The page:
Full Length Research Paper
Maize streak virus (MSV) is a devastating viral disease of maize in sub-Saharan Africa. The disease may cause up to 100% yield loss in susceptible crops. The use of molecular markers can facilitate the development of varieties resistant to the virus. The objective of this study is to assess the usefulness of Single Nucleotide Polymorphism (SNP) markers linked to MSV resistance in selecting for resistance at early generations of inbred line development in maize. A total of 160 maize lines were genotyped with three SNP markers that are linked to MSV resistance. These lines were tested for their reaction to MSV through artificial inoculation using viruliferous Cicadulina triangular at the three leaf stage; maize streak virus symptom was scored from 7 days after inoculation for six weeks at weekly interval on a scale of 1 to 5. MSV titer on the upper and lower leaves was determined using Direct Antigen Coating Enzyme linked Immunosorbent Assay (DAC-ELISA). One hundred and forty-two (142) of the 160 maize lines had the favourable marker allele for MSV resistance while 18 maize lines did not have the allele. Differences among the 160 maize lines for MSV symptom on upper leaves at six week after inoculation were significant (P< 0.01). Favourable allele of the SNP markers was significantly associated with MSV symptom score at 6 week after inoculation and MSV titer status. The percentage of maize lines with desirable marker allele with resistance based on symptoms score and ELISA were 97.9 and 93%, respectively. The three SNP markers showed high efficiency in the identification of MSV resistant maize lines and therefore have potential for use in marker-assisted selection. The SNP markers were not effective in detecting MSV resistance in few genotypes, indicating a need to develop other markers for resistance.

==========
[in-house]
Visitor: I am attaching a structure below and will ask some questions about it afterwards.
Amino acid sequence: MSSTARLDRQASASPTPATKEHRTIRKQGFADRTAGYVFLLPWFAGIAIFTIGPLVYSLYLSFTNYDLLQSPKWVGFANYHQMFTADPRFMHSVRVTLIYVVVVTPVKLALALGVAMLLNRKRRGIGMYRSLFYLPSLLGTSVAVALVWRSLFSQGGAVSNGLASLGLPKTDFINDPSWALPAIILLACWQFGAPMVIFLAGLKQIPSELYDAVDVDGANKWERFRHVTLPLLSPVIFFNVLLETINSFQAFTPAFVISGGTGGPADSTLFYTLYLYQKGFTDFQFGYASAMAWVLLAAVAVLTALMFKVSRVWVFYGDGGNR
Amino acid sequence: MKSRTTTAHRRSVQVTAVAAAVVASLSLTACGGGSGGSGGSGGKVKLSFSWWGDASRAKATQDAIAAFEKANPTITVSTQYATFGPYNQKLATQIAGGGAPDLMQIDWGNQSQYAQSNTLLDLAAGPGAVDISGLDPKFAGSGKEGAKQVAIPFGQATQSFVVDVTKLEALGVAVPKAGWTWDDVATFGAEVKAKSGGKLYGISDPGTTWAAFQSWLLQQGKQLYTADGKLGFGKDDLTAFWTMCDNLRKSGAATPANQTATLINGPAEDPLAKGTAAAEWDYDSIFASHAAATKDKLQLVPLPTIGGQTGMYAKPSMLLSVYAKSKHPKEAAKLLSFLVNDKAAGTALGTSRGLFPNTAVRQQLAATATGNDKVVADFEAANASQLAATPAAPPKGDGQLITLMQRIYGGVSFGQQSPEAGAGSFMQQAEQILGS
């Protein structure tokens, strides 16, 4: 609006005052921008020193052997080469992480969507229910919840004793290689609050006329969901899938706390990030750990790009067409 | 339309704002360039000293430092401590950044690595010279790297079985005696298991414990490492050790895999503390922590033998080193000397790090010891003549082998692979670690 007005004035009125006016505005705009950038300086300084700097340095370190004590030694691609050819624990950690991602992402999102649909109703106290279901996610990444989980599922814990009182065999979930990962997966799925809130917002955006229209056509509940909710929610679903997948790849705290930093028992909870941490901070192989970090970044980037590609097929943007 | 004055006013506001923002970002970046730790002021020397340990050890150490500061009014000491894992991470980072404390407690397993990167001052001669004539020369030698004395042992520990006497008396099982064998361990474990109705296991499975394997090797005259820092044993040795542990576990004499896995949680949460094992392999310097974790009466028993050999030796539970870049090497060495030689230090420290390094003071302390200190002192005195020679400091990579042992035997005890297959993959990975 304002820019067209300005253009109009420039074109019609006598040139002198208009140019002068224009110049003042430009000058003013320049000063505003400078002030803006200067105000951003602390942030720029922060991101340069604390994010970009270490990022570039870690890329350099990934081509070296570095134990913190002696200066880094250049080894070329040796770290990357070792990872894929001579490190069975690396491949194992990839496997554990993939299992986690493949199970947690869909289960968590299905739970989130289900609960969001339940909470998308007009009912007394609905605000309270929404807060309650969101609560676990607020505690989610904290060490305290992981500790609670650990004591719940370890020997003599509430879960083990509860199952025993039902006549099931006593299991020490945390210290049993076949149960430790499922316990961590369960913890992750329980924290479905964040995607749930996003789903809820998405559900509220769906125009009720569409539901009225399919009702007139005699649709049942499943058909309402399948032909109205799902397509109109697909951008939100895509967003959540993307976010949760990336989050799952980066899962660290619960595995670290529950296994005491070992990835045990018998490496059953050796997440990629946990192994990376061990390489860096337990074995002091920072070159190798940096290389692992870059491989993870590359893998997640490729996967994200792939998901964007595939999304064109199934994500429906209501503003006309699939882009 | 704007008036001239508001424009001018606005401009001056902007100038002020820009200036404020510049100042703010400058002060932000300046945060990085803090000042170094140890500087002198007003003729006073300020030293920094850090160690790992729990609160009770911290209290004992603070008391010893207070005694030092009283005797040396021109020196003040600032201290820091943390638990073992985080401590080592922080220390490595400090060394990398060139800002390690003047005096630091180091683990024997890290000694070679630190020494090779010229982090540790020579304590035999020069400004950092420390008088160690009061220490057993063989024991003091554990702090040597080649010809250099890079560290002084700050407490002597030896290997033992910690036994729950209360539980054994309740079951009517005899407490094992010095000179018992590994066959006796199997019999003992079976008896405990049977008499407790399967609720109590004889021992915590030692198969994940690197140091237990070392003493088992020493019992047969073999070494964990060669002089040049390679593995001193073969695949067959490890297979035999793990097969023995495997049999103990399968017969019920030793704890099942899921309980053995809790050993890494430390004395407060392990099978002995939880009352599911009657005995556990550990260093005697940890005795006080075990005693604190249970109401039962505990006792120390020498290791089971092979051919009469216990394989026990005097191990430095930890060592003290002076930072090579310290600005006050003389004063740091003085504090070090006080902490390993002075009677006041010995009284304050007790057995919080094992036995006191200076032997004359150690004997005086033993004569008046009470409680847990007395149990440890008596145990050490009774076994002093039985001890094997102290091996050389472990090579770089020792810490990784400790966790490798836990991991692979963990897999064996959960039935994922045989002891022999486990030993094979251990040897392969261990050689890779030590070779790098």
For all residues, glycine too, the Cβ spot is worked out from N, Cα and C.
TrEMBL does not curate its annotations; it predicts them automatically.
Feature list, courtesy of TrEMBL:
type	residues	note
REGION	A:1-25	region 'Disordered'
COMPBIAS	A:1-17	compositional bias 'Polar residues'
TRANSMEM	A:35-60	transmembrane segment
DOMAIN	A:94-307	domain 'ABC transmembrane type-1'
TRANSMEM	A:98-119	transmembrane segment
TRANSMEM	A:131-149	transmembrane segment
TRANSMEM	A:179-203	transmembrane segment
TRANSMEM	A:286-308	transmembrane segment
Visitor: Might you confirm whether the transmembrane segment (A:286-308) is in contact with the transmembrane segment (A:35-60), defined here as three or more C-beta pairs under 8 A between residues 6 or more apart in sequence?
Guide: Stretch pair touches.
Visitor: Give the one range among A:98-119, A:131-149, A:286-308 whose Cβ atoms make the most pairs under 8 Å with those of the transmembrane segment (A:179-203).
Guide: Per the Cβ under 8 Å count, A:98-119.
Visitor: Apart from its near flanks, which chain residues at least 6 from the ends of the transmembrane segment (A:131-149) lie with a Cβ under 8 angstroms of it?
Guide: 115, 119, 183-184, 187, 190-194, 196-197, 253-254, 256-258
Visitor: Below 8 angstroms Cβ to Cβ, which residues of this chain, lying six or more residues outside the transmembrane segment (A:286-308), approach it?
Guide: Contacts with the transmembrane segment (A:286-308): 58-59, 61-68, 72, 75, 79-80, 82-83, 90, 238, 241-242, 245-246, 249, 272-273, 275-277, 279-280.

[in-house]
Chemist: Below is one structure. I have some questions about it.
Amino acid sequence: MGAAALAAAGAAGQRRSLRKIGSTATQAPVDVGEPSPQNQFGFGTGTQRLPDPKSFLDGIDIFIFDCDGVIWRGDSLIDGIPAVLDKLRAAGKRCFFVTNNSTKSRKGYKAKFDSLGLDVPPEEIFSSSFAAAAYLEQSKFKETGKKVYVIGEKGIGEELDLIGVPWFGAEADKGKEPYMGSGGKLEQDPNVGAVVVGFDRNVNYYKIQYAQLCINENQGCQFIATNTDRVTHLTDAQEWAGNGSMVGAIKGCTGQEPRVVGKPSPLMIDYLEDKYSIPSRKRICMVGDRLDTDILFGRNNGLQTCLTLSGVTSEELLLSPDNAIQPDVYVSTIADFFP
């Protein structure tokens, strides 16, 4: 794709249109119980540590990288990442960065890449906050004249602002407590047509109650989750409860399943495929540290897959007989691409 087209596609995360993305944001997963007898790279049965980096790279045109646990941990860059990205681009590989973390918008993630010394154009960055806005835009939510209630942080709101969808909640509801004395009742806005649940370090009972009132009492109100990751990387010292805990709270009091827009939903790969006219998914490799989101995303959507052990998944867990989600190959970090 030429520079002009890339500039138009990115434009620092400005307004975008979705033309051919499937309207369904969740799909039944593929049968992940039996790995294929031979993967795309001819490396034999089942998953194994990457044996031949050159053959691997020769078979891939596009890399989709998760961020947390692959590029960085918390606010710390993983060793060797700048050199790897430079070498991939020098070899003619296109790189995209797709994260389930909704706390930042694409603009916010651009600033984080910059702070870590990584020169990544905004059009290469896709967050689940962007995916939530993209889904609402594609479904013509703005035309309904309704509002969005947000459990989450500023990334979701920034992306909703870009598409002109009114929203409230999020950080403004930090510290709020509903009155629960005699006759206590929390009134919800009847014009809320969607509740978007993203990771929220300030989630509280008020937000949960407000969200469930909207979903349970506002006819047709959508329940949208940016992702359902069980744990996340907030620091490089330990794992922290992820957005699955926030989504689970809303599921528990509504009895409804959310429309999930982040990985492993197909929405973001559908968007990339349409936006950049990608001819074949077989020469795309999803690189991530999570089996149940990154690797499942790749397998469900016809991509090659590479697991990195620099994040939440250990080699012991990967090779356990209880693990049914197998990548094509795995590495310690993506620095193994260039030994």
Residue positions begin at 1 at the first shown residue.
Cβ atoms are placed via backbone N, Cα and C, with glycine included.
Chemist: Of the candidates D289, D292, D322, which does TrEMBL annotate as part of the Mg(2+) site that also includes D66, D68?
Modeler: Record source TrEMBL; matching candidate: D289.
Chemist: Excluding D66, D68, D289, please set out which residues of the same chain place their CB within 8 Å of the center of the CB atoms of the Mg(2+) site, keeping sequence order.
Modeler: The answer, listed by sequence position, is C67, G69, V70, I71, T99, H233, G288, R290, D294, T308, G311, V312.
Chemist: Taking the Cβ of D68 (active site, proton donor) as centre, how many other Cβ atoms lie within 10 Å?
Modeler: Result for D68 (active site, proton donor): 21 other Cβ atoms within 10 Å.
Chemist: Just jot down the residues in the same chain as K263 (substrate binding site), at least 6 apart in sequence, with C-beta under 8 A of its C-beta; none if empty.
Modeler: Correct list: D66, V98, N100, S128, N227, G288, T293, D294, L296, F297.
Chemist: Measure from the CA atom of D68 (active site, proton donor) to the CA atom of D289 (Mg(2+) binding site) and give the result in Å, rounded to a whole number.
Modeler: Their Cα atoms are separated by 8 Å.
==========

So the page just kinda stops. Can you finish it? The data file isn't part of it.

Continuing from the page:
Key words: ELISA, genotyping, inoculation, maize streak virus, SNPs.
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